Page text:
While serving sentenced to a ten-year prison sentence for his role in the various politically-motivated bombings of the group that became known as the Squamish Five (more HERE), former Subhumans bassist/song-writer, Gerry Hannah did not just learn to whittle. Rather, Hannah kept trying to fight the "Holy American Empire" but without the 550 kg of dynamite.
As for the sound of this still-radical 12 song cassette recorded behind bars, it's acoustic-folk with a bit of that seventies consciousness-raising coffee-house vibe (especially when that flute chimes in!) It works outstandingly on the more finger-pointin' Dylanesque "Livin' With the Lies" but moves a bit into singer-song-writer-John-Denver territory on tracks like "Summertime". In-between those two places there a lot of stoic dignity and an audible refusal to knuckle under even in brutal circumstances.
In the Glen Sandford short film, Useless which followed Gerry Hannah after leaving prison, Hannah still seems bitter and angry. However, in Bloodied But Unbowed (more HERE and HERE) film-make Susann Tabata caught Hannah in a different place. In the more recent film he explains that political violence can be a tool of your enemies and so he cannot support it. While he many not yet be the Canadian Gandhi (my countrymen admire Gandhi but often only seem to remember the civil part of civil disobedience) there's clearly been a change in his understanding of the world. Of course, I could just be projecting my own long-standing distrust of political violence onto the man.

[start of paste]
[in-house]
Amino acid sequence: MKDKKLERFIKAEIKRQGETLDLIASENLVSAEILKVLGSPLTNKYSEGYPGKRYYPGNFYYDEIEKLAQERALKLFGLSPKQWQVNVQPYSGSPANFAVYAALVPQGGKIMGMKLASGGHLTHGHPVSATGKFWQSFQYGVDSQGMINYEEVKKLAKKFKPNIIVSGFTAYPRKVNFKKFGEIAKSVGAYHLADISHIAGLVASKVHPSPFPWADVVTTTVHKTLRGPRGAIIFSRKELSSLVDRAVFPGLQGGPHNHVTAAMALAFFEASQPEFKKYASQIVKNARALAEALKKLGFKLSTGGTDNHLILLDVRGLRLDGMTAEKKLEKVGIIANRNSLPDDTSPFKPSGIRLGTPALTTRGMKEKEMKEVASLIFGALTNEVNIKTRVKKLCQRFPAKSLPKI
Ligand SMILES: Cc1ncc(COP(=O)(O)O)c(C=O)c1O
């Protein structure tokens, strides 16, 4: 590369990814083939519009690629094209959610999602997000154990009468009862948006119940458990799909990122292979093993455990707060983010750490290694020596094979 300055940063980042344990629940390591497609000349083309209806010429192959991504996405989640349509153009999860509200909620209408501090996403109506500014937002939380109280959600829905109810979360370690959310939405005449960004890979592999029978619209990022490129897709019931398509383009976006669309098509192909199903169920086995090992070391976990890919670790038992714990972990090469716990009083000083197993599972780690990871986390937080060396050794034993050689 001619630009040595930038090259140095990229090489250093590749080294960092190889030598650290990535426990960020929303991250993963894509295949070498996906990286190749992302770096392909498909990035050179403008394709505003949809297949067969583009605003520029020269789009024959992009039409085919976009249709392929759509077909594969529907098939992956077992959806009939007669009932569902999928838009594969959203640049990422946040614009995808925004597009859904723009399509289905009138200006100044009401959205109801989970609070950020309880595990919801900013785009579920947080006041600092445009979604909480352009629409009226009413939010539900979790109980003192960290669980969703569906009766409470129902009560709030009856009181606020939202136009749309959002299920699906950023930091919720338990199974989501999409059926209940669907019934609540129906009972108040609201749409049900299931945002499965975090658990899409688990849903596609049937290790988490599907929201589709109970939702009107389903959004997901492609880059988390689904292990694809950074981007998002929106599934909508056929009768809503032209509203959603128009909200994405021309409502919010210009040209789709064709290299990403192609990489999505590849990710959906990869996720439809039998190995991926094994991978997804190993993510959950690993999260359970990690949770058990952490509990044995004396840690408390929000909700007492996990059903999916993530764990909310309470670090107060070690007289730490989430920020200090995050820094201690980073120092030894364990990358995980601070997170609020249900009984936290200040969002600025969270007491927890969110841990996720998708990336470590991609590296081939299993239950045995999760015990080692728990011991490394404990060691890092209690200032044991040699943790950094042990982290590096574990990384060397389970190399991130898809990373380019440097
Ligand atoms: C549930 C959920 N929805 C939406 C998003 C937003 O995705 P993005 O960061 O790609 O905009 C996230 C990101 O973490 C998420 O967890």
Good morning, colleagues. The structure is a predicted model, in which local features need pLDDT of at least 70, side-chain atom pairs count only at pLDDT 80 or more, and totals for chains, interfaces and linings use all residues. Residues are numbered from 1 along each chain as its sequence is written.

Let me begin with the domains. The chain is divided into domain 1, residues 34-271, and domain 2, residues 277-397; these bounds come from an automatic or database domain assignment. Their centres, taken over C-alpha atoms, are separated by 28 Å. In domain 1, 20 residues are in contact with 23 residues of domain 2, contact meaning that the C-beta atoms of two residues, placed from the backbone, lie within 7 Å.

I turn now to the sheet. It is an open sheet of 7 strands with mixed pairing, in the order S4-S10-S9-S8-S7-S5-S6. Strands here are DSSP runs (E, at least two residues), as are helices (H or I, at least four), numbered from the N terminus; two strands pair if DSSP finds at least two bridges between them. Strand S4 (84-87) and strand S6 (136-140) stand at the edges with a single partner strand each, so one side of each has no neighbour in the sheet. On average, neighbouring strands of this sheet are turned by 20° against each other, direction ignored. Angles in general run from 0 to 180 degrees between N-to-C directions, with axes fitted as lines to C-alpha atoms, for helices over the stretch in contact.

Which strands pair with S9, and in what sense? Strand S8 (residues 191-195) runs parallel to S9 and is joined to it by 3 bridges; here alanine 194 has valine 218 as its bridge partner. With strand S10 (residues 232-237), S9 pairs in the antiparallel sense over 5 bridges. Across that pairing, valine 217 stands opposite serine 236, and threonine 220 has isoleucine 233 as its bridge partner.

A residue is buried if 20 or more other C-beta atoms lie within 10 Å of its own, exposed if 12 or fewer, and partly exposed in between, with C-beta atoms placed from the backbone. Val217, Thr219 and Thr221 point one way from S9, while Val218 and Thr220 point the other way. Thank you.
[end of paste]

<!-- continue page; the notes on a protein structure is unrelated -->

So what do you make of Hannah's underground songs? And while were asking questions, what do you make of politically-motivated violence? Let us know your views on either of the above (or anything else for that matter) in the COMMENTS section (where you'll find the Songs From Underground link).